The way Lux blew off my requests for help, and yelled at me in the park that evening. Then, when I explained there would be no ipad during quiet time tomorrow as a consequence, she said “you’ll forget you said that.” The way she didn’t blink when I then told her she was going to bed early. Joan, wide-eyed in the face of her audacity, but huffing and nodding her own disapproval at my decrees. How Lux had declined to use the bathroom fifteen minutes earlier but now she had to go, thus we couldn’t stay out in the golden light any longer.
I was annoyed at myself for once again taking her at her word that she didn’t need to go, and now the result that I had to pick Alma up off the green grass where she’d been lolling in the soft evening light, the sun casting just enough shadow over the side of her face.
I texted Joe that they would absolutely both be in bed by 6:30. So there! I said to myself. It’s so sad, we’ve worked hard, and yet, here look: raised such terrors, I said to myself. Dramatic texts are a trademark release of mine. After we got home, I asked them to help me tidy the apartment, they refused and I said they were welcome to sit in their room then. Behind their door I heard the contented murmurs of duplo-construction and shared blocks. I relaxed at bit in the silence and felt–perhaps they hadn’t been that bad? Thinking of my text to Joe, I realized I had probably exaggerated my case. When exactly had it started to feel like too much? 5pm on the dot? Nearly all of it was an ivy of reactions tethered to their fatigue, a tiredness I had been fully aware of, a soft vine working slowly across our day.
I remembered that morning unexpectedly seeing Lux flit by my door at 6am, nearly two hours before she’s usually up, already in a princess dress with a crown on her head. She was playing some game that involved secrecy and light steps, and I was only awake because Alma had woken up. Then Lux woke Joan up to join her, an hour or so before Joan would have woken up on her own. Soon I saw them both flitting by, Joan blurry and barely tracking what was going on, but devoted to the imaginary heist, dazed as she was.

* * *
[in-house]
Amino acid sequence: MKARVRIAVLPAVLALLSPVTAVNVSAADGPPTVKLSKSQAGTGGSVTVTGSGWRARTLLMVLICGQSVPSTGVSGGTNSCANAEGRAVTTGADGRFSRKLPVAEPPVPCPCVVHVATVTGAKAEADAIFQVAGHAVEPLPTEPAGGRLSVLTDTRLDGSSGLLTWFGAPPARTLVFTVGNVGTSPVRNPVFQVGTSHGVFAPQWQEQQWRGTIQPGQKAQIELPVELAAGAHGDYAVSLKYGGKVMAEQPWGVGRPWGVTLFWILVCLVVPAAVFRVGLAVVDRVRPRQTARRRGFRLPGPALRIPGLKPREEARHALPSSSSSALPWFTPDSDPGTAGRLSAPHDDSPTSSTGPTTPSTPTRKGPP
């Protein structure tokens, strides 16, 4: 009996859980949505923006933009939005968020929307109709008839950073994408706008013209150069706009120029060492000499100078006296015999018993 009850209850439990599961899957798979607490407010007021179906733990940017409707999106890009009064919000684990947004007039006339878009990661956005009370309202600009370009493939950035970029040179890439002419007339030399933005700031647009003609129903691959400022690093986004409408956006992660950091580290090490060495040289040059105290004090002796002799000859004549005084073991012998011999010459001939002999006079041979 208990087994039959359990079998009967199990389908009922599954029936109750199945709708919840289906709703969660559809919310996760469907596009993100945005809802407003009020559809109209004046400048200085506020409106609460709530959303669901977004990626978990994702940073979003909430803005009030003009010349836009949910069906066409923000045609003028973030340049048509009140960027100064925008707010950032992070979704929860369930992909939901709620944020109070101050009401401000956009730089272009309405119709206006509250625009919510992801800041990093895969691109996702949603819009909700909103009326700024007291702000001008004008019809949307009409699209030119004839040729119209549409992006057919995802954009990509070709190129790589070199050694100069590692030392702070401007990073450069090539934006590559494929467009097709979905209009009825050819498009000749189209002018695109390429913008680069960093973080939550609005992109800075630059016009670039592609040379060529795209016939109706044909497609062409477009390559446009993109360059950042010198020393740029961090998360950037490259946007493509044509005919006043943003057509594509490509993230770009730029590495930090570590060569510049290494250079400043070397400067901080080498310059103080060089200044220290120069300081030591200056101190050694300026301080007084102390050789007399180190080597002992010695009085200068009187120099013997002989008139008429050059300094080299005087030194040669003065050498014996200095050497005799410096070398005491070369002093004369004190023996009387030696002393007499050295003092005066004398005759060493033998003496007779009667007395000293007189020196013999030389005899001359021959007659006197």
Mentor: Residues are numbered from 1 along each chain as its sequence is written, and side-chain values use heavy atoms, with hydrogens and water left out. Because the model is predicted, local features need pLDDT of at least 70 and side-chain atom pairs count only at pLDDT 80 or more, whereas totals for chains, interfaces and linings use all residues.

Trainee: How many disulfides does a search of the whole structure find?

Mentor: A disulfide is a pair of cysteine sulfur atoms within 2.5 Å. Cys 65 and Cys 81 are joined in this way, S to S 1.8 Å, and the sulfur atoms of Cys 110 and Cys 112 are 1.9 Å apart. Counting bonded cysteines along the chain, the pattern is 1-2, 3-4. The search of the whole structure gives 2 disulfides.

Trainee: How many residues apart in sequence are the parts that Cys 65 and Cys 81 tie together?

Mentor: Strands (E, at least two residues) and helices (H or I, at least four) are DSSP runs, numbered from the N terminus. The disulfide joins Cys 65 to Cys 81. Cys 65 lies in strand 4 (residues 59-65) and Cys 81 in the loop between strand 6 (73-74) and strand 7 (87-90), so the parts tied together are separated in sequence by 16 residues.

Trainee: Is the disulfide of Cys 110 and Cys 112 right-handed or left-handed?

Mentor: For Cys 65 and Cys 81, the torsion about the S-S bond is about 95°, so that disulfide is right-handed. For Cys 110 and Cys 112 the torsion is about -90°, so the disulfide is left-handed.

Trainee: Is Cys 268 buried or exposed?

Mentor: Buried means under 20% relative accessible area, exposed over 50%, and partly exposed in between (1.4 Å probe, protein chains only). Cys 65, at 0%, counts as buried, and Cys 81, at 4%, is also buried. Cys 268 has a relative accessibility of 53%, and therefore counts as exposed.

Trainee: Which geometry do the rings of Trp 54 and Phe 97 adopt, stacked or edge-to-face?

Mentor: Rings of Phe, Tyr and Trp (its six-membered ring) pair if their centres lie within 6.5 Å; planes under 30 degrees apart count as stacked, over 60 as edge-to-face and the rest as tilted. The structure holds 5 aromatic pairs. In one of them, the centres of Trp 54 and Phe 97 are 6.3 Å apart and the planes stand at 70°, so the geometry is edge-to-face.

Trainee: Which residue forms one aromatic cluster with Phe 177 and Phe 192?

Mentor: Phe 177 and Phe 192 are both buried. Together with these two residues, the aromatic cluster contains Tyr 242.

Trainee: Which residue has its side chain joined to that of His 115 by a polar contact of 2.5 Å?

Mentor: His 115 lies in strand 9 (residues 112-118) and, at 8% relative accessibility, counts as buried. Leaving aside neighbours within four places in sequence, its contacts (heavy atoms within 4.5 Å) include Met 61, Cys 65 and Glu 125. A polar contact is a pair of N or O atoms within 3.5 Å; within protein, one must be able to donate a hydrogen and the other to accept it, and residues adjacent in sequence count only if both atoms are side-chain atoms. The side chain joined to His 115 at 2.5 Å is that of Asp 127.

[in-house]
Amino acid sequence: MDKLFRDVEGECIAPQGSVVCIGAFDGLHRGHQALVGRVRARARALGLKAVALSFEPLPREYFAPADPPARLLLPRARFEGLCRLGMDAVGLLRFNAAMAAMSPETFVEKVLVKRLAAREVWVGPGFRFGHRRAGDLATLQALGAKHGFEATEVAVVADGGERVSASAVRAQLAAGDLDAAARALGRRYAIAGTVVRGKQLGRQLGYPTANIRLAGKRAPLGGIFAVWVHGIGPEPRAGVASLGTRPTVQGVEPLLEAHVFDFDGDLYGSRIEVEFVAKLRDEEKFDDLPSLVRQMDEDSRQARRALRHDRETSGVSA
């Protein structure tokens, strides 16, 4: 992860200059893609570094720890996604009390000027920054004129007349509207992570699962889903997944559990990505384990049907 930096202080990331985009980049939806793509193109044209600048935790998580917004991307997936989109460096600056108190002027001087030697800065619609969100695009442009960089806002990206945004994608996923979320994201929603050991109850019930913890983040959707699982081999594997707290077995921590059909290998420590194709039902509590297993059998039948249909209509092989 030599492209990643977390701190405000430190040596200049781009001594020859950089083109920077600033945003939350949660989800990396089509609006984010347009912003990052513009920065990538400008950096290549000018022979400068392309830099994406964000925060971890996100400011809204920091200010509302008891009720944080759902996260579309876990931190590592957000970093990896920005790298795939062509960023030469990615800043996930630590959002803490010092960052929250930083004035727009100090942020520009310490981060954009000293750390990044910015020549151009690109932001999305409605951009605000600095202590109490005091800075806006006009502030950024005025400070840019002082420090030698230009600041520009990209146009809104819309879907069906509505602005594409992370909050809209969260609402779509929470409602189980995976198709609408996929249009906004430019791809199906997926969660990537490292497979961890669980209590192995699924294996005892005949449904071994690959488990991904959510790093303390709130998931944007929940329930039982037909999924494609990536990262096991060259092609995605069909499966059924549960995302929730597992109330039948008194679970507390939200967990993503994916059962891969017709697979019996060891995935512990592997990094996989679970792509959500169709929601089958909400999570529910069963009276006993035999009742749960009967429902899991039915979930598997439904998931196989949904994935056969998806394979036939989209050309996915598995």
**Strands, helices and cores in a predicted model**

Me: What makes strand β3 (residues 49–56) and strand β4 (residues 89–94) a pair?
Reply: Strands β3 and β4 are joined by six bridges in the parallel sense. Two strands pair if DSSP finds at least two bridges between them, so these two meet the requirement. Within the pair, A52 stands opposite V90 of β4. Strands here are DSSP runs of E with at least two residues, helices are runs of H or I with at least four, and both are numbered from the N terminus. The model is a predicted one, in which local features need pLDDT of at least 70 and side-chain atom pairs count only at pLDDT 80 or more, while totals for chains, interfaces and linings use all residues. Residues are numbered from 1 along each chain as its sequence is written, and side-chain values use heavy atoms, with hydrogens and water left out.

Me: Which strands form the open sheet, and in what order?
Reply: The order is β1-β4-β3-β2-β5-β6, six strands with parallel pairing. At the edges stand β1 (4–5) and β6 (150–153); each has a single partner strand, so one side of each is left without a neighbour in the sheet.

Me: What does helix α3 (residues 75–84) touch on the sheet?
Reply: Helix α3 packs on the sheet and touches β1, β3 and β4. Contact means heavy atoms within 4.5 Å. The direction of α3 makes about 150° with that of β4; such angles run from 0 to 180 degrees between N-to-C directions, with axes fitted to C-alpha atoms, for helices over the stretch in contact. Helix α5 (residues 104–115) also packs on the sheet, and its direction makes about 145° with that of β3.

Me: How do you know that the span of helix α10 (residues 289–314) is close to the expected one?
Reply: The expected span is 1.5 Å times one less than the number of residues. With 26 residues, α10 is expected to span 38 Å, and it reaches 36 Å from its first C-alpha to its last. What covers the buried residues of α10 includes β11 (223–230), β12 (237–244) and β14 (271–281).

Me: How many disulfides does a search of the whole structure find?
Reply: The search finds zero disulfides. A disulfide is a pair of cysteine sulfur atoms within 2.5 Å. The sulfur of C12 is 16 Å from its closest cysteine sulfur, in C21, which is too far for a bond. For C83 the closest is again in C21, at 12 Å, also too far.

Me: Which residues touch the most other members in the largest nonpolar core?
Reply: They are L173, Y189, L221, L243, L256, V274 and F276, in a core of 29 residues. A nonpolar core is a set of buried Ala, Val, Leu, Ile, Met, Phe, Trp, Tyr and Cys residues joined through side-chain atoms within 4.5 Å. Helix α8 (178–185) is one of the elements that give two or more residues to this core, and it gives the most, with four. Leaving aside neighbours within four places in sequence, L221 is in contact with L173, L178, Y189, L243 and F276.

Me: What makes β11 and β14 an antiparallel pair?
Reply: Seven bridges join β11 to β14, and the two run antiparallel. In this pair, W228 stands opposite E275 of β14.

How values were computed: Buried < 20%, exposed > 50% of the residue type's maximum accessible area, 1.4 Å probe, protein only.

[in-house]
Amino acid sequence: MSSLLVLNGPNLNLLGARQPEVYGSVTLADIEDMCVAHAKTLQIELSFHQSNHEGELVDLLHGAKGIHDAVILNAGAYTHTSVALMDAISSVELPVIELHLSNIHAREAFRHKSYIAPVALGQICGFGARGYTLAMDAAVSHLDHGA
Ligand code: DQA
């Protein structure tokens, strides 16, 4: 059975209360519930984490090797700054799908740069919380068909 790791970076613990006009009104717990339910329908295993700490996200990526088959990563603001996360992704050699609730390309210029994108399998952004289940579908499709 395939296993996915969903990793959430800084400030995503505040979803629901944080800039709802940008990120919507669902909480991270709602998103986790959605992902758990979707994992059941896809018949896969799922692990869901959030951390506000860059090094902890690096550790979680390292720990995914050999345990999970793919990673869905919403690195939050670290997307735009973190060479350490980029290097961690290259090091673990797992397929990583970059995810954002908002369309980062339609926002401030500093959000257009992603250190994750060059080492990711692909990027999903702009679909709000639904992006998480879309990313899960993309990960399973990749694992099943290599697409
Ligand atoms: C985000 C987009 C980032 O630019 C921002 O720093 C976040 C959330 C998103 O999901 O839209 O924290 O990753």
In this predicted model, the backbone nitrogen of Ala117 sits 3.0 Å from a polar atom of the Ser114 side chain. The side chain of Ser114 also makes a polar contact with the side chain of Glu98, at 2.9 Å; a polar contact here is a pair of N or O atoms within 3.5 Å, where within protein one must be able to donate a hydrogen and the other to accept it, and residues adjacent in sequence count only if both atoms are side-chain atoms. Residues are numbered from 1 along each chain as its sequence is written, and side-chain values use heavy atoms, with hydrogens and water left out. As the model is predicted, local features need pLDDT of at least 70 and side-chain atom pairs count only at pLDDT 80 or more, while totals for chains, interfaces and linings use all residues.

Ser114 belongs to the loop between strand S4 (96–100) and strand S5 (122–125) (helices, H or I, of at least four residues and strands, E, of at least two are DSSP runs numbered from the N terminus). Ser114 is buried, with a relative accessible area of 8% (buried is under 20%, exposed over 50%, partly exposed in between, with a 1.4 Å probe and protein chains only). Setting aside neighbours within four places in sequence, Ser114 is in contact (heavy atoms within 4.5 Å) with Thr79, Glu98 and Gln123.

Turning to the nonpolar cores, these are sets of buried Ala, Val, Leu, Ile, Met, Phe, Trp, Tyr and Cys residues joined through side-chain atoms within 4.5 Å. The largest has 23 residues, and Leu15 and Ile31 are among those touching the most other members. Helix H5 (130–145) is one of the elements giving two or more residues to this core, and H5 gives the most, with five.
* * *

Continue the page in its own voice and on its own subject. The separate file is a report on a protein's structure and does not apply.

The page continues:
I had left Alma on the bed next to Joe and went for a run in the perfectly cool morning air. The world for thirty minutes was cheerful running music and a steady chain of joggers keeping lines on the sidewalk along the river. I came back certain that the thing to do was for all of us to head straight outside. But it was two hours before we got out, between feeding Alma and doing the breakfast dishes, after they opened a package of saltines with their scissors, cheerfully munching and chatting like old friends at the golf club lunchroom, absentmindedly scattering half the contents in the form of crumbs on the floor—a ready picnic for the ants I’ve been trying to keep at bay.
Finally we got outside before lunch. Then everything was so beautiful and finally sunny after a week of rain, the park grass seemed cleaner and greener than ever—the gazebo, the coffee shop, the merry-go-round, the playground, everything beckoned—that we stayed out too long, deep into nap time.
On the walk home Joan sat down on the corner of an intersection and mumbled to the bricks that she couldn’t walk anymore. I smiled sympathetically and shrugged my shoulders at her, what I could I do? I couldn’t carry her. I sensed a message in the glances of the people skirting our scene: how’s she gonna handle this? She’s carrying a baby and now the little one is sitting on the ground. Naturally it did no good for me to repeat aloud that this was why I had said we shouldn’t go to the playground after all. Nonetheless I too murmured it to the bricks, and the girls looked at me, mystified at my evoking a conversation from an hour ago—nearly ancient history! If I had known that going in—why had I let it happen? Why hadn’t I insisted we head home when I knew the time was right? Because it was so beautiful out, Lux was begging to go, and I loved the idea of the girls running and climbing for just a few more minutes. Finally Joan hopped up and started walking again,and we made it back.